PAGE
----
The oldest known set of speculative tracing boards in Great Britain belongs to Lodge Faithful, which was founded at Norwich in 1753 and now meets at Harleston in Norfolk. These boards are dated 1800 and depict the modern form of rough and perfect ashlars on the First Degree board. The modern ashlars are also depicted on a set of tracing boards painted by William Dight in 1808 for the Lodge of Unanimity and Sincerity, which meets at Taunton. A set of tracing boards painted for the Chichester Lodge in 1811 by Josiah Bowring, a portrait painter of London, also depicts the modern ashlars. These boards appear to be the prototypes of the famous set painted by John Harris in 1821, from which most modern tracing boards are derived. The rough ashlar on tracing boards is usually placed at the foot of the Corinthian column representing the Junior Warden, who traditionally is in charge of the apprentices. The perfect ashlar is usually placed at the foot of the Doric column representing the Senior Warden, who traditionally is in charge of the craftsmen.
During the evolution of speculative freemasonry, there was a significant tendency to rearrange the symbolism and related rituals of operative free masonry, in what might best be described as a perceived orderliness and regularity. This may have been the underlying objective in replacing the perpend ashlar with the cubic perfect ashlar, perhaps influenced by a work entitled The First and Chief Groundes of Archytecture published by Ihon Shute, Paynter and Archytecte in 1563 and reprinted in 1912. Early speculative freemasons included many erudite scholars who shaped our rituals in conformity with the literary English of the day. Among them, no doubt, would have been some who were familiar with Shute's work, in which he offers the injunction that "Ye shall make a four square stone like unto a dye" and continues with a description of the origin and rise of the architectural orders, which is repeated in virtually the same language in some of the old Masonic lectures.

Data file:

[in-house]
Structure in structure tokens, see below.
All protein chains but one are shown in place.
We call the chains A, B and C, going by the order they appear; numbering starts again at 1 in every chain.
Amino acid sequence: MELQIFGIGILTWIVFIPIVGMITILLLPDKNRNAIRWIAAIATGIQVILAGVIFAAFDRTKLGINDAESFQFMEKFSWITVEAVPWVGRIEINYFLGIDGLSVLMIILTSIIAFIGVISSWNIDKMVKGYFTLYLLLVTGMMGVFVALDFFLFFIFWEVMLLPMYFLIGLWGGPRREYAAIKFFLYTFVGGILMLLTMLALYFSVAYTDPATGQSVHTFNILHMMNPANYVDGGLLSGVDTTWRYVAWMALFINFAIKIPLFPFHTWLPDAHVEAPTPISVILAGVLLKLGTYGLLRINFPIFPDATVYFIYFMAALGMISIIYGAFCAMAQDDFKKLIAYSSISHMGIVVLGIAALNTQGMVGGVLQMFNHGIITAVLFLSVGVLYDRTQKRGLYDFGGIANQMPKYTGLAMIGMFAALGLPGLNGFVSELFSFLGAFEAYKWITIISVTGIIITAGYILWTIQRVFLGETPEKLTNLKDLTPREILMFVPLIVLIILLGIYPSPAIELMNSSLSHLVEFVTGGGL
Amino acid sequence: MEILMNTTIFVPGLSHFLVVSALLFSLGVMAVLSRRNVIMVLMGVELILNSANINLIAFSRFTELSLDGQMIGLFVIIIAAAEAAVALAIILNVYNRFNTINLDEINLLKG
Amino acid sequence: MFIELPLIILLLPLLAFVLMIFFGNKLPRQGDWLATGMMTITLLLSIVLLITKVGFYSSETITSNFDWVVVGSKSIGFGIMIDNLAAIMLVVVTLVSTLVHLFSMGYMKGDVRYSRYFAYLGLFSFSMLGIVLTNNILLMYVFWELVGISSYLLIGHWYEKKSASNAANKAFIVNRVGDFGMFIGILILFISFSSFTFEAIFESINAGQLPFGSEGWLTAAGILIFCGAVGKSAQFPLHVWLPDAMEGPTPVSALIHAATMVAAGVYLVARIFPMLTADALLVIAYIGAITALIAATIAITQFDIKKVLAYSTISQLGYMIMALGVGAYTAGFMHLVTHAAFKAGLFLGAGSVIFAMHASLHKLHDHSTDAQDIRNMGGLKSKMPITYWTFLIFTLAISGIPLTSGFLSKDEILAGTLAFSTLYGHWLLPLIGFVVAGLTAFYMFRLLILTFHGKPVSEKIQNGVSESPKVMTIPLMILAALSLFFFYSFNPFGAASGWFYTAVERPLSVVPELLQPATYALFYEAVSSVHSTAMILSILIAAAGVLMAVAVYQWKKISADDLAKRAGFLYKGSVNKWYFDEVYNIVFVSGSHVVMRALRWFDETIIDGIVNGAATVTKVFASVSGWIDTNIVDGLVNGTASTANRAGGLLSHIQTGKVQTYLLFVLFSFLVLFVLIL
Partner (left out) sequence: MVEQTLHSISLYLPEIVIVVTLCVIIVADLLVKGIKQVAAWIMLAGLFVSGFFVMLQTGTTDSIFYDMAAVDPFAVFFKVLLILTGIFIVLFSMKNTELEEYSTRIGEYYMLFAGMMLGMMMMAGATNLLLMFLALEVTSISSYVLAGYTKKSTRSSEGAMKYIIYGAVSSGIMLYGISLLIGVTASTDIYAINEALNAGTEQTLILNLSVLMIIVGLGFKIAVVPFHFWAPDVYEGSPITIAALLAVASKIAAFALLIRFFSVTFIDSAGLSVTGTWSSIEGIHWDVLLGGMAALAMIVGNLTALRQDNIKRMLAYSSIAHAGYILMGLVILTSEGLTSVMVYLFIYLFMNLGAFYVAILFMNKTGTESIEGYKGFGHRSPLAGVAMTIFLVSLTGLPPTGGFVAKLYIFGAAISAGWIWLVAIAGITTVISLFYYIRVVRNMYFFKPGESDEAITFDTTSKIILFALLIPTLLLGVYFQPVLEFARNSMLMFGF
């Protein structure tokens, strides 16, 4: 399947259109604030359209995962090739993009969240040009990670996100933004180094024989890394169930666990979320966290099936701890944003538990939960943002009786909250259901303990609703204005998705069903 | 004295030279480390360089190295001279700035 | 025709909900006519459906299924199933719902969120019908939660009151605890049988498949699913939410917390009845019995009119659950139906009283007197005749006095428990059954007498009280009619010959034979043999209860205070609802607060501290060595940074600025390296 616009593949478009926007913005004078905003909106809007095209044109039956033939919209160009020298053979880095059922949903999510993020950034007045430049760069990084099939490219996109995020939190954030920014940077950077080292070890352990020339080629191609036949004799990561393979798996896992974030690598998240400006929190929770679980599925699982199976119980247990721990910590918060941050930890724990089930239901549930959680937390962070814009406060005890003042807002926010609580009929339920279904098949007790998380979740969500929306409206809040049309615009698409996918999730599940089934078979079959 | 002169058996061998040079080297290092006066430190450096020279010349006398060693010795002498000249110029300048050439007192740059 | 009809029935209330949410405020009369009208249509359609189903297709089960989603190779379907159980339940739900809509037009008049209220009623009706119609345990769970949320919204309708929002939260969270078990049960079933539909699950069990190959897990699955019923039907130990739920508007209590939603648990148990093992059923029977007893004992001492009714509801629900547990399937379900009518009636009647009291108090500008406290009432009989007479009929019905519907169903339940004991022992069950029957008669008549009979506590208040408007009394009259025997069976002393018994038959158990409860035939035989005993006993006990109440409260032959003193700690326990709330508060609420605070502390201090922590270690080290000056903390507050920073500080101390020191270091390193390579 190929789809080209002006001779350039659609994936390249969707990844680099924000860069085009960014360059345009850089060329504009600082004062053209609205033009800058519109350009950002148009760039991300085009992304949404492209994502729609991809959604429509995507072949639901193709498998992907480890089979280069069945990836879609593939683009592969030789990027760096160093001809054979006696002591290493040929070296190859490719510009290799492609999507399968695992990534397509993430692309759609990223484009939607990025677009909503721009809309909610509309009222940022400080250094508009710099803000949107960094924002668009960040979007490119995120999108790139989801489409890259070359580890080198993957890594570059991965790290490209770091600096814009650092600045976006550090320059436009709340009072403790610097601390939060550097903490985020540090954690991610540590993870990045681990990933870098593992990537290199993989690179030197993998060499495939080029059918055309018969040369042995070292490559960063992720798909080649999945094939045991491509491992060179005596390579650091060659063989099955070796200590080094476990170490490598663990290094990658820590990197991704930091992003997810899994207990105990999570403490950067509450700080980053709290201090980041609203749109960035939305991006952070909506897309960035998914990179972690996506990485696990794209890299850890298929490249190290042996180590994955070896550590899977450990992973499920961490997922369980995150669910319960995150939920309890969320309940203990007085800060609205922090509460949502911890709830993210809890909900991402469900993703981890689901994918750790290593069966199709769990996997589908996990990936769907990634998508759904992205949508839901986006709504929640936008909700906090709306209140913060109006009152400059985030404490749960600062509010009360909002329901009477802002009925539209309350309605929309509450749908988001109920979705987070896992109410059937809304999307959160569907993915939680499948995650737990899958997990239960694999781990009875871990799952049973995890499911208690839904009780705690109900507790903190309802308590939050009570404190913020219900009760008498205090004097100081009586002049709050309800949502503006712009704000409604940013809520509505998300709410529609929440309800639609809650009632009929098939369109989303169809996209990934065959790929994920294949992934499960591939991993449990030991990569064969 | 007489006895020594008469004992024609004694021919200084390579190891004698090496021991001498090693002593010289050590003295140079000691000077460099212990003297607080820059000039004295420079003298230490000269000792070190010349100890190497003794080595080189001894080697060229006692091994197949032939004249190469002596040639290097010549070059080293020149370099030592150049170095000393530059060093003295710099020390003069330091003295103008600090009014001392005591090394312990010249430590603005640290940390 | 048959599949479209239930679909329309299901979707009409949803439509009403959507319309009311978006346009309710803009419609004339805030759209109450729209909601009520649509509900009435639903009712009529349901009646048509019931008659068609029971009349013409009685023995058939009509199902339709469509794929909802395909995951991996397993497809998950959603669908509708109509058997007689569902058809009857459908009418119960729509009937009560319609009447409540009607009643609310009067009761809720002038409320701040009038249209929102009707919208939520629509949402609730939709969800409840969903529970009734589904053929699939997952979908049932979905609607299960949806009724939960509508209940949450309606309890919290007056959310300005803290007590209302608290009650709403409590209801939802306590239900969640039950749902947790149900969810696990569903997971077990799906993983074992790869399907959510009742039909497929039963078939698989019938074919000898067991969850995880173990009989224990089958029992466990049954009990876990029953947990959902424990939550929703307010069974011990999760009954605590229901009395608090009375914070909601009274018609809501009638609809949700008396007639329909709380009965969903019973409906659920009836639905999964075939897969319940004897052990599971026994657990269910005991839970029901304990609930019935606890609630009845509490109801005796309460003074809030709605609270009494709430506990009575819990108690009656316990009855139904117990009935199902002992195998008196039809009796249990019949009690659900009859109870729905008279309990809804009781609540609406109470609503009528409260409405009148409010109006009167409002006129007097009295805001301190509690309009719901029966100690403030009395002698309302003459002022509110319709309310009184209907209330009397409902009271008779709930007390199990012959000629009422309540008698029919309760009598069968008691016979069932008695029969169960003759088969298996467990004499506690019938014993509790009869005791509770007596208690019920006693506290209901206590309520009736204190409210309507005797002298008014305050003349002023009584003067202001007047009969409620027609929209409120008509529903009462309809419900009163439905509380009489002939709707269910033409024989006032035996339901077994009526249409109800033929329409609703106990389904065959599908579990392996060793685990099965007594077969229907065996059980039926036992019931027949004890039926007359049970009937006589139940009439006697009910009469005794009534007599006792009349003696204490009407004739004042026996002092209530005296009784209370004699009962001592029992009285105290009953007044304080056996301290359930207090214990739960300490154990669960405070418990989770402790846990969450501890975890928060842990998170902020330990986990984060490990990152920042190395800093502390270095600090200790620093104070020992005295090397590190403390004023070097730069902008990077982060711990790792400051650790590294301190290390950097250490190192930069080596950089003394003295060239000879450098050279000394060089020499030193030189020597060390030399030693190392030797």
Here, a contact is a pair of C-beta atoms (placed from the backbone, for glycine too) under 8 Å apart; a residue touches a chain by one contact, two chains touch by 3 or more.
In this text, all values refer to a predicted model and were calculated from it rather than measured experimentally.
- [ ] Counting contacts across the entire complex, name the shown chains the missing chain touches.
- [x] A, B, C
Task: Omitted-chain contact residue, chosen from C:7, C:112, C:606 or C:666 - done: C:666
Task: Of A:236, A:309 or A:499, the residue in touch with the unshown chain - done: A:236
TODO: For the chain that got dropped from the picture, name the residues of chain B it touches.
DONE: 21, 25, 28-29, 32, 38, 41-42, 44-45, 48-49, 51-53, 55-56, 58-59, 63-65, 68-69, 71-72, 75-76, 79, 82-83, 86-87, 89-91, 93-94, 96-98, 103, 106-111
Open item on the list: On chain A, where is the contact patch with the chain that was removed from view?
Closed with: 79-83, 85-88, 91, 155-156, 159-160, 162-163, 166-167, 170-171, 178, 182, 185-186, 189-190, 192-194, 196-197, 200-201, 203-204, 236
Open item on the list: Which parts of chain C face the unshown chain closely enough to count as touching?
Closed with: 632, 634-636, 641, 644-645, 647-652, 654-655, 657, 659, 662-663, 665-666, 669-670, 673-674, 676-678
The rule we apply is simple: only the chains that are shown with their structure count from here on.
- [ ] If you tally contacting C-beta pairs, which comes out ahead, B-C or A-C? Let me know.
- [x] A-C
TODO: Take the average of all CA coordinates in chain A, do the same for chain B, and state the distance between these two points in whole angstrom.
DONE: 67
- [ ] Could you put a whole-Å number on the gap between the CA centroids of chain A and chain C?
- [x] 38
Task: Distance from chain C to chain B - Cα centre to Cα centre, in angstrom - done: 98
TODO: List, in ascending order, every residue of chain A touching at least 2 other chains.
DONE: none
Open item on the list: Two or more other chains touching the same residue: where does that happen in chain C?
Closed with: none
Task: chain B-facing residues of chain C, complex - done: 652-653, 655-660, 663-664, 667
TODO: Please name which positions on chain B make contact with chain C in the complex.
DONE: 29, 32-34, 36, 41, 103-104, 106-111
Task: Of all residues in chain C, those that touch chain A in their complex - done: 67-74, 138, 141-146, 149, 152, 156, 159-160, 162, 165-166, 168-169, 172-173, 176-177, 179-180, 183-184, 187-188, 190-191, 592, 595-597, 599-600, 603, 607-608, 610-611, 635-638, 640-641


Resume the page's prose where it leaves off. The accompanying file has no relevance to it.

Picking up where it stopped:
By Brother Don. Falconer of Sydney, Australia This article is copyright to him. Please respect this in any Dissemination.